The effective liberalisation of electricity production, distribution and marketing, formerly protected by centralised and monopolistic systems, is completely changing the European energy market. Provided it can succeed in offering kilowatt-hours at increasingly competitive rates, renewable energy has an excellent opportunity to win a share of the market as an inherent part of the innovative approach known as ‘distributed production’. Over the past five years, the consortium of 32 partners working on the Dispower (1) European project has been engaged in research that is today making it possible to propose technological solutions and management tools for the opening up of networks, as well as the economic models needed to rise to this challenge.
  Progress in in vitro methodologies.
Alternatives to experiments using animals
Action stations for in vitro
Tuesday 13 December 2005 was an important day for the chemicals sector. It was then that the EU Competition Council gave the green light for the entry into force of the famous REACH legislation. Industrialists are now obliged to organise a vast evaluation and control exercise to ensure the safety for human health and the environment of almost 30 000 chemicals currently available on the market. While REACH is an historic advance for public health and the quality of life, its implementation raises the controversial and far from secondary issue of a massive increase in experiments inflicting suffering on animals. The desire to limit substantially the hecatomb among laboratory animals is serving to shed the spotlight on progress in in vitro tests. In many respects, the latter could even prove scientifically superior in guaranteeing that chemical molecules are without risk to man or nature.
  Wolfgang Heckl
Portrait
Wolfgang Heckl’s straight talking
Recognised as one of Europe’s leading pioneers in the nanosciences and their applications, Wolfgang Heckl has been committed to the cause of sharing knowledge and making it accessible to all since a very young age. A long-standing firm favourite with the German media, today he is also known outside national borders with a reputation that, in 2004, brought him the Descartes Prize for science communication. RTD info presents a profile of a very warm and friendly biophysicist who is Professor of experimental physics at the Ludwig-Maximilians University as well as Director of Munich’s famous Deutsche Museum.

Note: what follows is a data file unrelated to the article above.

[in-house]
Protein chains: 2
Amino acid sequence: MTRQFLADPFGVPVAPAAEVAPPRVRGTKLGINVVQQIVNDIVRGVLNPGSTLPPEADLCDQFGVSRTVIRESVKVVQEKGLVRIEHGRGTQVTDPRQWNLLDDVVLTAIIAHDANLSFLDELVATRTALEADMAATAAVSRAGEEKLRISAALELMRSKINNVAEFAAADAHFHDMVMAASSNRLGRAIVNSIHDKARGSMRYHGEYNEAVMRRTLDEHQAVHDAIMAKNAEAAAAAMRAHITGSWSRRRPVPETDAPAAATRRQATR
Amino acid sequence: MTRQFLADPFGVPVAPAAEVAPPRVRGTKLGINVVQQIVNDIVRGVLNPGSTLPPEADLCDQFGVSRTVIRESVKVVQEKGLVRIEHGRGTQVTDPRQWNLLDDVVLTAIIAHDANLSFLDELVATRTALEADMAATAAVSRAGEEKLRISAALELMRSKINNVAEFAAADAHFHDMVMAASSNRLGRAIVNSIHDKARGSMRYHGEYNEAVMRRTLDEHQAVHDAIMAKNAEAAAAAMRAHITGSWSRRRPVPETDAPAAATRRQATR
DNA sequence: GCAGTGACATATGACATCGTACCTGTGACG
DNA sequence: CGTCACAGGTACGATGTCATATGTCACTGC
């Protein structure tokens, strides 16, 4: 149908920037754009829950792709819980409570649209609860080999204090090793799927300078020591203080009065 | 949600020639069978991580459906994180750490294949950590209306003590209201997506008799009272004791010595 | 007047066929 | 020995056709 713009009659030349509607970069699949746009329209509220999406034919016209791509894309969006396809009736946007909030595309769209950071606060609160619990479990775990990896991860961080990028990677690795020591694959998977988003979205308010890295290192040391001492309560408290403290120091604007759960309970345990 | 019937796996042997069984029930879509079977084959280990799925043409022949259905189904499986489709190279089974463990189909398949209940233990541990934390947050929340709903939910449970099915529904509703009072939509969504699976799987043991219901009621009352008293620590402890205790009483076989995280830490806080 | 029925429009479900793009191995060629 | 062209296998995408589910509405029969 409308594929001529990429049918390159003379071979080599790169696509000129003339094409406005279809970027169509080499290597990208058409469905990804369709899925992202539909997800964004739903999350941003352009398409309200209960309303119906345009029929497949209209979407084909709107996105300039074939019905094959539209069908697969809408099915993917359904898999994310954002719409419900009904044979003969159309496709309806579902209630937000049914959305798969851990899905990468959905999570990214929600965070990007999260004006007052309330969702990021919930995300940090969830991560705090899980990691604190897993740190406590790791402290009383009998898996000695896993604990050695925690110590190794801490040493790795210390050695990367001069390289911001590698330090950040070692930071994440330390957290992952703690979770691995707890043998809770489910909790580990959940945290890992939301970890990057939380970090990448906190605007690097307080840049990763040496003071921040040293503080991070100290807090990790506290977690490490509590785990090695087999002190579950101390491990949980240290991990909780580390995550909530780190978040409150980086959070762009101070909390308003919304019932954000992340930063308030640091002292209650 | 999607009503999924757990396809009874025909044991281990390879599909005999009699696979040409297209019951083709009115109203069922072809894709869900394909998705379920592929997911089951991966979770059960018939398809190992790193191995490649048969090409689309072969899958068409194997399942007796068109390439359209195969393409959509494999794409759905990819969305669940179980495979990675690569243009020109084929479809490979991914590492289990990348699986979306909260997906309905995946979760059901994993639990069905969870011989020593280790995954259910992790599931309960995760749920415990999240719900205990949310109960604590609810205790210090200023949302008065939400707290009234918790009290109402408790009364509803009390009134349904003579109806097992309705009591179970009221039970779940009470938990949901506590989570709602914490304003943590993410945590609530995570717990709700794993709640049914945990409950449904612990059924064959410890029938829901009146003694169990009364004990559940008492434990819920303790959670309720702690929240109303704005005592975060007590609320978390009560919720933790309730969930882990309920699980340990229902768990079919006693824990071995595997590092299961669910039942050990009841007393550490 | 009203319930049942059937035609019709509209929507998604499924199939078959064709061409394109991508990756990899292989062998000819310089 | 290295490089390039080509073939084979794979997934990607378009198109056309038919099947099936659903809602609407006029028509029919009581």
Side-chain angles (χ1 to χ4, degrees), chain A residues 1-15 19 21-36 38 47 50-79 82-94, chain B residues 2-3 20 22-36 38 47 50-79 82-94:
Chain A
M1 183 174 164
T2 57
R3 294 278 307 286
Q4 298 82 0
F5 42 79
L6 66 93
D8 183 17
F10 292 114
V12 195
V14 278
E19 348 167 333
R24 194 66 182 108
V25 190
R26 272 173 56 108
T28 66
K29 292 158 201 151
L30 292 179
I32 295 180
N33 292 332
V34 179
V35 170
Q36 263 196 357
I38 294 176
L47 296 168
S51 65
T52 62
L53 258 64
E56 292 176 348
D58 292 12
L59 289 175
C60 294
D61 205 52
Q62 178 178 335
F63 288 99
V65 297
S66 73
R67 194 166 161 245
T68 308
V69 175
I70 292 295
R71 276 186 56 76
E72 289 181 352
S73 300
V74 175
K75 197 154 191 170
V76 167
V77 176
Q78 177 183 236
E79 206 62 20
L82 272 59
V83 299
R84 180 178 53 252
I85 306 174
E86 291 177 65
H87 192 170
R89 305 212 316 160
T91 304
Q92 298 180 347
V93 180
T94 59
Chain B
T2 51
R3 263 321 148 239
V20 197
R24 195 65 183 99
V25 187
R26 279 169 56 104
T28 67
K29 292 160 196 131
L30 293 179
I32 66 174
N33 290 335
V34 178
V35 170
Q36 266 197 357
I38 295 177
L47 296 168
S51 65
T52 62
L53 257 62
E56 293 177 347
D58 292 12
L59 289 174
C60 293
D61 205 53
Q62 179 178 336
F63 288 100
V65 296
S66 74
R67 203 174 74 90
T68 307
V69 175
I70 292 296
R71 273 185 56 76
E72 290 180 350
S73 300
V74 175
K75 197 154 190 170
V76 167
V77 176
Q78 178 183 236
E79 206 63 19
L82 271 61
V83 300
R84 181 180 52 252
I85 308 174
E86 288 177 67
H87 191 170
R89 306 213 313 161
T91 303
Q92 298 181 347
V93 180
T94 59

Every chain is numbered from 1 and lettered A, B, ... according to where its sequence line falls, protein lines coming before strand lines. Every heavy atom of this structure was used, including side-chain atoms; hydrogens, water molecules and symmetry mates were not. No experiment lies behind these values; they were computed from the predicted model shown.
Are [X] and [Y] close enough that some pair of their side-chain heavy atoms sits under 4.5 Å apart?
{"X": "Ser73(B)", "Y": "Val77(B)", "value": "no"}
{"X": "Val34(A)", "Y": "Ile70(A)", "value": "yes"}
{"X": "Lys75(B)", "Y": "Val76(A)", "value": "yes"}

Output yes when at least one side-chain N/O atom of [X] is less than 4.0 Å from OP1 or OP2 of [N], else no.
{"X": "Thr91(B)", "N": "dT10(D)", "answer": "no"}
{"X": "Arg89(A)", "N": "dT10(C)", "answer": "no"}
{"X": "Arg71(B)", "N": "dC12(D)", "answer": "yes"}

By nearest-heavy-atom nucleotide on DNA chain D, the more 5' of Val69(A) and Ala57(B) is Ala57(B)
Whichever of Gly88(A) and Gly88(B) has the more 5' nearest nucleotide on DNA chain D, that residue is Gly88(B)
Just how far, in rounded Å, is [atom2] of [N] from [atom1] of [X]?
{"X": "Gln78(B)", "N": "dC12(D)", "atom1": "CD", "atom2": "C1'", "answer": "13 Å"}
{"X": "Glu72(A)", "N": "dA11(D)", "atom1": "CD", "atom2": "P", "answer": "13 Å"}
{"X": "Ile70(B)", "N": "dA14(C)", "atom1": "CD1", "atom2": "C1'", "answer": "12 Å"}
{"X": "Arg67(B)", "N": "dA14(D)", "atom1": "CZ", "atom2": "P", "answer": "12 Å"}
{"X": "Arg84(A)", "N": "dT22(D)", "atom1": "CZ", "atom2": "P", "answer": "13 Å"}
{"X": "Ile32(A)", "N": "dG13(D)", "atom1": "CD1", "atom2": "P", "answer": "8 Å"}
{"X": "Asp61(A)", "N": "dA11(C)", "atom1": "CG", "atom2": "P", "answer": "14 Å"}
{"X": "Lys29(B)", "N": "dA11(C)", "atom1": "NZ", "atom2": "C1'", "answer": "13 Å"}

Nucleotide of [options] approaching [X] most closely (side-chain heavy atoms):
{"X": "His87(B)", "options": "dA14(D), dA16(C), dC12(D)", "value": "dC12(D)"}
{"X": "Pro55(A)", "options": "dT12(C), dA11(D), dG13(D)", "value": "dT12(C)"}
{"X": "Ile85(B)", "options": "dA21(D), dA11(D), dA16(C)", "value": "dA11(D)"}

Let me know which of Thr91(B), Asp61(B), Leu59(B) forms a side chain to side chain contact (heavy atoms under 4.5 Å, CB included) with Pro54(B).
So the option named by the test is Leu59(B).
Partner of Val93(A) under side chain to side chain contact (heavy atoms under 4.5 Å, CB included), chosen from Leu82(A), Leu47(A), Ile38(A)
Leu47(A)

The added value of mobility
MARIE CURIE ACTIONS – EXCELLENCE AWARDS
The added value of mobility
Through its Marie Curie Actions, the EU makes a significant contribution to the mobility of young people who are attracted to research and want to make it their career. The annual Excellence Awards – or ‘EXA’ for short – are part of this approach and are awarded to researchers who seized the opportunity to work beyond their national borders and made their mark at the highest level of research in their field. At a ceremony in Dublin, in December 2005, a scientific jury chaired by Jocelyn Bell Burnell – the British astrophysicist who was involved in the discovery of pulsars – named the five winners of the 2005 awards. Below are brief profiles of these notable representatives of the up and coming generation of European excellence.
  Analysis of a stalled constitution
Political sciences
Analysis of a stalled constitution
Like the Tower of Babel, it was at the closing stages when the vast political enterprise that was supposed to culminate in a constitution for the European Union ultimately failed, felled by a double French and Dutch ‘no’ in their referendums. The tortuous path that led to the text being drawn up by the ‘Giscard’ Convention, adopted at intergovernmental level after a laborious process of introducing amendments, and then launched perilously for ratification in the Member States is an experience that was studied ‘live’ and in depth by political science researchers with the dosei project (1). they highlight the conflicting and paralysing national preferences against which europe has been struggling for more than a decade in seeking desperately to define its goals and reform its functioning.